While there are now a number of handheld systems for checking if a medication is the genuine article or a counterfeit, most require users to access an online database. The SmartID system, on the other hand, works entirely offline.
Developed by a consortium of Germany’s Fraunhofer research institutes, SmartID takes advantage of tiny features which are unique to the surface texture of each individual product’s packaging. This means that the surface texture “fingerprint” of one box of Aspirin, for example, will be different from the fingerprint of any other box of Aspirin.
As the medication is being packaged in the factory, a unique QR code is printed onto each individual box (or other type of packaging). That code contains information on its respective box’s texture fingerprint. Alongside the QR code is a small blank area, where nothing is printed.
When a consumer or pharmacist wishes to check a product, they just use their smartphone camera to scan both the code and the area beside it. If the fingerprint relayed by the code matches the one that is imaged by the phone, then an app on the phone will let the user know that the product is the real deal – and no internet access or database is necessary.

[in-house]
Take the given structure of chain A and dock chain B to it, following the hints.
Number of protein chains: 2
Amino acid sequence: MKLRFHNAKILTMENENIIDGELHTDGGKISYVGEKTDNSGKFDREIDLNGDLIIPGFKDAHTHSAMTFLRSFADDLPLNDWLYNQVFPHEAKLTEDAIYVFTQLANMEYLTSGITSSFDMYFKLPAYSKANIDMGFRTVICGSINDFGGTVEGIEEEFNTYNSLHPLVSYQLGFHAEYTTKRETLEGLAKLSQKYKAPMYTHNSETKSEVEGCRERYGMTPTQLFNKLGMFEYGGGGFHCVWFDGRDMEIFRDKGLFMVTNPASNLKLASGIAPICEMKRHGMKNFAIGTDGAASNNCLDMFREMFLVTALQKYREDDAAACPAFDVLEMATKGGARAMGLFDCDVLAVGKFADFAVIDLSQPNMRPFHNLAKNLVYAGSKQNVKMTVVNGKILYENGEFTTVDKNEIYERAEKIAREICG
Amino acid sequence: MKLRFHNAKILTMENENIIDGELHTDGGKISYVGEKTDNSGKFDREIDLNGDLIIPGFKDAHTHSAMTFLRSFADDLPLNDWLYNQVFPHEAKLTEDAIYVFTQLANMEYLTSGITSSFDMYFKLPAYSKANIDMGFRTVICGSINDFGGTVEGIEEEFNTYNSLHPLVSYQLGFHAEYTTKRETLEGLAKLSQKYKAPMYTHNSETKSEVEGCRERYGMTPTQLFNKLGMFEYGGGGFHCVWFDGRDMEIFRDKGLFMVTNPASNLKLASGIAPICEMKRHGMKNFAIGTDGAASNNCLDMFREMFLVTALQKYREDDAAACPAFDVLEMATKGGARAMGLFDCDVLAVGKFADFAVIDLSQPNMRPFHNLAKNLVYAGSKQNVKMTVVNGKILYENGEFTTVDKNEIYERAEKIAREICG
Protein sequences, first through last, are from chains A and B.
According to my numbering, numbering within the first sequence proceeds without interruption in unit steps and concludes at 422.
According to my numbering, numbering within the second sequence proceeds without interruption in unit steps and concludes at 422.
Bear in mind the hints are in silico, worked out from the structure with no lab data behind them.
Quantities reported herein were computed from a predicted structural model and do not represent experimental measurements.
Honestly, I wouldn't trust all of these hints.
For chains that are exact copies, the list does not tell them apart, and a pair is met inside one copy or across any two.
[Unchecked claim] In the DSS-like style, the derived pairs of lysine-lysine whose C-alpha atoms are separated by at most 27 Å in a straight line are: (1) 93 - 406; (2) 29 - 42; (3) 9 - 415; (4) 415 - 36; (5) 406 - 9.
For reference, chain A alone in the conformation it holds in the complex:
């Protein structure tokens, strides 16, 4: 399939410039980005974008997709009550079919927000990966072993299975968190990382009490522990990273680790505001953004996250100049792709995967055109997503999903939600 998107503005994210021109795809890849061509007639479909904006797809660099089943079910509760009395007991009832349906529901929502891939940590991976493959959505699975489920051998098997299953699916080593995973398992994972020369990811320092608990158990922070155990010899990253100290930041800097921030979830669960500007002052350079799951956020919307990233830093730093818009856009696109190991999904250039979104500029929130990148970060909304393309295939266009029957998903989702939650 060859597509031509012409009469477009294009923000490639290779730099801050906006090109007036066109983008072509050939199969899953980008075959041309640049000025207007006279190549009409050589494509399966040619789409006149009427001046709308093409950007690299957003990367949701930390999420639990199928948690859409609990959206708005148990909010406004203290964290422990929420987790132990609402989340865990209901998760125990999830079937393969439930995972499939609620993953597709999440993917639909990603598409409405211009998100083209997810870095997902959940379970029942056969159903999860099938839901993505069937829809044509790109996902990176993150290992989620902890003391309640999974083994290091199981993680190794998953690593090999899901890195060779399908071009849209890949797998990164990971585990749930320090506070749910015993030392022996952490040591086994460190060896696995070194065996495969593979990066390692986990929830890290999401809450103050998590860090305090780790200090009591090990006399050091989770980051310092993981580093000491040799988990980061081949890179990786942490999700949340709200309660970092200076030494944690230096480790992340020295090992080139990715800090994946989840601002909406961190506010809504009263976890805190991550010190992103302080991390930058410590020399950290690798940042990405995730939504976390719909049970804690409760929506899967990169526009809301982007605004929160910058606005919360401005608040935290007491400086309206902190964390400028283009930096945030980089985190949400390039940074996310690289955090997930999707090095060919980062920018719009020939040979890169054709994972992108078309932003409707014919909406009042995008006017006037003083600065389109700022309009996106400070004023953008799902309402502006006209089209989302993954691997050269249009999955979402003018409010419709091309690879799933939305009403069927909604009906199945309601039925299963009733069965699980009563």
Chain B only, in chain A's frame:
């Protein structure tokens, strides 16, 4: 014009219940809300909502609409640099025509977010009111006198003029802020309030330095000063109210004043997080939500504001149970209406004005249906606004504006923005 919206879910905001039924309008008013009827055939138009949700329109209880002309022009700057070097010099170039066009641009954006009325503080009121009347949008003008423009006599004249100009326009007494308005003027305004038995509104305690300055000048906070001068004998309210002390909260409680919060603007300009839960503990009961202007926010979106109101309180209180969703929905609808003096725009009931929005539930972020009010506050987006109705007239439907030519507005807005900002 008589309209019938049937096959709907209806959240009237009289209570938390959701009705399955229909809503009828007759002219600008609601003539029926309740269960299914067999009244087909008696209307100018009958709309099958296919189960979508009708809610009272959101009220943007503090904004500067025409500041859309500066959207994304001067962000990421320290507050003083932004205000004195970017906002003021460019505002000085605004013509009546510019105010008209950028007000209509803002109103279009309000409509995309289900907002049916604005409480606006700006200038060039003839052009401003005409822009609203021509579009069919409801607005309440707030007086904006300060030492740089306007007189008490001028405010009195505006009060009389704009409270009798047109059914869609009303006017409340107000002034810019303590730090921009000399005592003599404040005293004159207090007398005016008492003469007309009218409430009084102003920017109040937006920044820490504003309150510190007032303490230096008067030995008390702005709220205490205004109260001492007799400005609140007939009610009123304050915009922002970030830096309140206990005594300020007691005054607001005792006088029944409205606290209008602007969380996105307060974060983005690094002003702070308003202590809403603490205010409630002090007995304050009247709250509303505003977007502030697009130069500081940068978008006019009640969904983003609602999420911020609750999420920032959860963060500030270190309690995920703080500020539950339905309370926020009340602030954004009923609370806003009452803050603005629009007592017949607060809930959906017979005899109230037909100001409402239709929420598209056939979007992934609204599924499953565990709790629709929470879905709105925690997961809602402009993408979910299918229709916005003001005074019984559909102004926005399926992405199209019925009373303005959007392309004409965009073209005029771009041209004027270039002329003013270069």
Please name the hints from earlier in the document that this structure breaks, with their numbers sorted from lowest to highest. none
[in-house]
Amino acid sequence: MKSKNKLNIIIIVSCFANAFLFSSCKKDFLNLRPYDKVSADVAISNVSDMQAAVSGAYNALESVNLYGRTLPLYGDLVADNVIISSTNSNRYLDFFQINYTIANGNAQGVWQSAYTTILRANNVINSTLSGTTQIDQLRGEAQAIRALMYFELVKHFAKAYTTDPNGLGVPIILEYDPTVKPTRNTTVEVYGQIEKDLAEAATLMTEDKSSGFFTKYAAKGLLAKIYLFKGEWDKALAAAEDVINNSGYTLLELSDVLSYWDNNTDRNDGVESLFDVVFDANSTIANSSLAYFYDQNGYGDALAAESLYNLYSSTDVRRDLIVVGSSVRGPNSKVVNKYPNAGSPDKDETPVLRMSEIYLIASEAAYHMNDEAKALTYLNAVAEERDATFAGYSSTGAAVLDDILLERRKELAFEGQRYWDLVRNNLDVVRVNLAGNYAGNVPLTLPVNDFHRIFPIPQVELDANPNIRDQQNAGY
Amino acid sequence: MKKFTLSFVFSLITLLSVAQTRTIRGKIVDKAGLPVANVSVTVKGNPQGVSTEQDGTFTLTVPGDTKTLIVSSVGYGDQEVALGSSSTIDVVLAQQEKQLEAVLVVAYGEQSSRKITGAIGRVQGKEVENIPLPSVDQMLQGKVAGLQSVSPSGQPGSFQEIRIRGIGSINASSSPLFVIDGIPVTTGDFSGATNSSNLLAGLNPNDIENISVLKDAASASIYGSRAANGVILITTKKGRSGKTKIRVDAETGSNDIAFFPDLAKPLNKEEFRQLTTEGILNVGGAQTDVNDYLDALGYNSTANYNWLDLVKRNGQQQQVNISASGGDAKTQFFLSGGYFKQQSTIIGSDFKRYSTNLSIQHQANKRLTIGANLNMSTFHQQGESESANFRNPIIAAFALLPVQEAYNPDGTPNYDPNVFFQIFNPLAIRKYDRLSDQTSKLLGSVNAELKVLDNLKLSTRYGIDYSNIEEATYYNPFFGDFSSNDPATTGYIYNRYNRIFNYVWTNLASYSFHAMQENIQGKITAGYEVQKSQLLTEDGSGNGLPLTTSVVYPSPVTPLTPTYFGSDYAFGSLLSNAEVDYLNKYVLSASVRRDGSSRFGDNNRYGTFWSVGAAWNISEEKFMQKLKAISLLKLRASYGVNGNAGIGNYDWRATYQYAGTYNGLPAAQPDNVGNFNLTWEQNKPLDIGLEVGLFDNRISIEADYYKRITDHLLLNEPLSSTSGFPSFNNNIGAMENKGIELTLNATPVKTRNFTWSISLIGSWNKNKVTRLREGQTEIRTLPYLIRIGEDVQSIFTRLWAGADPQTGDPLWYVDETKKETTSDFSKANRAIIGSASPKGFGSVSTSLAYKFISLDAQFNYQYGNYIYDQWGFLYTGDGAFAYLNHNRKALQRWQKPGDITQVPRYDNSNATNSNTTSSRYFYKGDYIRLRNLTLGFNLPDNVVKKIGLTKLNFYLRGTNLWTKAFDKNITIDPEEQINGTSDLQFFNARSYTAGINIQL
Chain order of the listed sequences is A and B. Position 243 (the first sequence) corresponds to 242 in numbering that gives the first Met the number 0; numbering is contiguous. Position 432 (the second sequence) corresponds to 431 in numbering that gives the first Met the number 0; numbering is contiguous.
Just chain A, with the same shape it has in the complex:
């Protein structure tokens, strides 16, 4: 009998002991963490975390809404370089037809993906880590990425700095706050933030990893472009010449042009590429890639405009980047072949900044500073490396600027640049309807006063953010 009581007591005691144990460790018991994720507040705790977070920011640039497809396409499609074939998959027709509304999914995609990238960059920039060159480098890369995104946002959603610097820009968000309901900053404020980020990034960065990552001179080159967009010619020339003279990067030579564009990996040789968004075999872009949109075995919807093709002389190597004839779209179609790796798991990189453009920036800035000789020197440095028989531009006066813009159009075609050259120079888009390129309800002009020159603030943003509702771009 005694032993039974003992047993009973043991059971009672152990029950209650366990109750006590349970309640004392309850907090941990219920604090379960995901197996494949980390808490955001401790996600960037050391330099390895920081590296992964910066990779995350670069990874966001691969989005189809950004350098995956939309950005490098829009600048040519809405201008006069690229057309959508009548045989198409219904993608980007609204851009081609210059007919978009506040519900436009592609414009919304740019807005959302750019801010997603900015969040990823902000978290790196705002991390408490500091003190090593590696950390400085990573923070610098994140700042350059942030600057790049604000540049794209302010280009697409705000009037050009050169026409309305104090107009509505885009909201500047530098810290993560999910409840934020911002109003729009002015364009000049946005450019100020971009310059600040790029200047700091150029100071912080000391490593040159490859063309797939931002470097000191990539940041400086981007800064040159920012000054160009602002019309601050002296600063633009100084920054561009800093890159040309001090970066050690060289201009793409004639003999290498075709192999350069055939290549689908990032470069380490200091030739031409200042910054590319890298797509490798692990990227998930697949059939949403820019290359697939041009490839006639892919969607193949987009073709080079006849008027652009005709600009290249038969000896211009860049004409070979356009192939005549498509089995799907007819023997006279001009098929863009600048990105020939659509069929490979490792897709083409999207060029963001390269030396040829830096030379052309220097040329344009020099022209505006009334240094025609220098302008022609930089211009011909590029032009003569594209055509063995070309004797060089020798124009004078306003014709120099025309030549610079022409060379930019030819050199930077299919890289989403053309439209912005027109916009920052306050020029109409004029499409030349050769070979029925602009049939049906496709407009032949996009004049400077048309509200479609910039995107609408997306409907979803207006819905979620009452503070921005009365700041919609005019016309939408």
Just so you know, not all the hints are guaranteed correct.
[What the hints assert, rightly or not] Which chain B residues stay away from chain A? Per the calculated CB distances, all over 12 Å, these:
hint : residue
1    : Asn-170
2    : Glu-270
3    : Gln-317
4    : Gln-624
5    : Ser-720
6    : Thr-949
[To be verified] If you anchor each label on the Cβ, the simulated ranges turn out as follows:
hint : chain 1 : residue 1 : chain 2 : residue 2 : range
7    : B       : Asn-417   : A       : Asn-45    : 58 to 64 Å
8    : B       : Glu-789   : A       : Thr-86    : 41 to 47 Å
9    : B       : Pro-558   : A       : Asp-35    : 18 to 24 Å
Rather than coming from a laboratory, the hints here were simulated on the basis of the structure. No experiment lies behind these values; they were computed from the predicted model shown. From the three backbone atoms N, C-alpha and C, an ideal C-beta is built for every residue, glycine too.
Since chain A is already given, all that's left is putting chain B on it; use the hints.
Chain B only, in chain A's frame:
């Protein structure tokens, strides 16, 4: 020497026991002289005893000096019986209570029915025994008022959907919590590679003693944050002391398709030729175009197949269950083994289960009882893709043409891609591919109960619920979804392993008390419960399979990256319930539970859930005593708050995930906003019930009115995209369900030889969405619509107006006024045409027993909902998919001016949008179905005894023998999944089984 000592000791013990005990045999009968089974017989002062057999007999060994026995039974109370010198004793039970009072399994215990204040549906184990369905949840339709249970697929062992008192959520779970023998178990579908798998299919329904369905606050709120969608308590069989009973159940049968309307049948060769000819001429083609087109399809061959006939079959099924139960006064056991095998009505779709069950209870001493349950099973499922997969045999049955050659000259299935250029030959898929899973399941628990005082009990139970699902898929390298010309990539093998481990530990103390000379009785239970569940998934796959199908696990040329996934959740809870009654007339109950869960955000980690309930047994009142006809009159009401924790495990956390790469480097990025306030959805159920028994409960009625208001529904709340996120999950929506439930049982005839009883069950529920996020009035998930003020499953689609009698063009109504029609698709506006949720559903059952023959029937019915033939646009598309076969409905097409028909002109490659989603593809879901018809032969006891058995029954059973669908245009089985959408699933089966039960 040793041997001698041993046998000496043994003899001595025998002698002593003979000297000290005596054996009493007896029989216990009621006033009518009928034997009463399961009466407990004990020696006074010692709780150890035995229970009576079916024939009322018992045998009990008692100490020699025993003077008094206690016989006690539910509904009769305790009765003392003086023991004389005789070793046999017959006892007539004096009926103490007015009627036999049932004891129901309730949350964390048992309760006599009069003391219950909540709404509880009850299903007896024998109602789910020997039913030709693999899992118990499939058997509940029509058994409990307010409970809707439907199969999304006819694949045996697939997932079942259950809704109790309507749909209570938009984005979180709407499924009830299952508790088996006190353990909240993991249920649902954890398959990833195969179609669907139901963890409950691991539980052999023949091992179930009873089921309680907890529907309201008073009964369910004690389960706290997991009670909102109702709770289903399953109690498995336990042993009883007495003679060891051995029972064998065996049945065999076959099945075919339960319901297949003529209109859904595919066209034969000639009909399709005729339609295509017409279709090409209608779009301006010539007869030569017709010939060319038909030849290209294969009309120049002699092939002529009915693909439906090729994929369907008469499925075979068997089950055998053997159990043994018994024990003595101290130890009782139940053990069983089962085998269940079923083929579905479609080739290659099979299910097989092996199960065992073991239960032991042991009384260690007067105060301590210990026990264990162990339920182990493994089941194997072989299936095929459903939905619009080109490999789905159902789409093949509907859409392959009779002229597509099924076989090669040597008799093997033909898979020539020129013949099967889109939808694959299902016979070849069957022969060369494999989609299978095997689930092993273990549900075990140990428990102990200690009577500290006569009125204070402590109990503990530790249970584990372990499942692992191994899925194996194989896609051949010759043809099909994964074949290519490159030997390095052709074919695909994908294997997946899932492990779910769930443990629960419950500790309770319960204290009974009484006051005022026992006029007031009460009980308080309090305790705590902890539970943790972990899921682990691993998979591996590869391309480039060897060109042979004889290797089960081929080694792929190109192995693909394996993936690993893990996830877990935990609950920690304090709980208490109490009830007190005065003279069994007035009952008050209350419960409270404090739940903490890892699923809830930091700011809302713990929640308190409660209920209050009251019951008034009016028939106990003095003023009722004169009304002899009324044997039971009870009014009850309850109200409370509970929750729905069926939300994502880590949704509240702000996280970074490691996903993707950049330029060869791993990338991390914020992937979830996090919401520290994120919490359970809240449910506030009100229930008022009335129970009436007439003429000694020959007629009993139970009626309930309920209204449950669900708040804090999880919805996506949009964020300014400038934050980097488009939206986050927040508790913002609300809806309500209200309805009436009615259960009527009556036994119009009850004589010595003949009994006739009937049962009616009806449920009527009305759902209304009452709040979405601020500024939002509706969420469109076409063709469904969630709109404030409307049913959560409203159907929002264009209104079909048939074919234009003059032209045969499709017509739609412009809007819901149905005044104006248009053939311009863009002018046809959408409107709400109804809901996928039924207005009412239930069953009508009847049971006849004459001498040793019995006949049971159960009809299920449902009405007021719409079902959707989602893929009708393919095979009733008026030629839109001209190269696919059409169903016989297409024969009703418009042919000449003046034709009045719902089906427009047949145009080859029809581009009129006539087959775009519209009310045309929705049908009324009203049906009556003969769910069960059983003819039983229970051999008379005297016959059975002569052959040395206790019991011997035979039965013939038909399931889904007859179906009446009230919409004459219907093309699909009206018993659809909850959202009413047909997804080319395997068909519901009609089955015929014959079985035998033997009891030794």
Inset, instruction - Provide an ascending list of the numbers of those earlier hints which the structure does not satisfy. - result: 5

Of course, counterfeiters could conceivably use the technology on boxes of their own bogus pharmaceuticals. As is the case with virtually all anti-counterfeiting measures, however, the idea is that due to the costs, complexity and specialized hardware required, it wouldn’t be worthwhile for most counterfeiters to do so.
The technology could also be applied to products other than medication, such as electronics, alcohol, clothing and other often-counterfeited goods.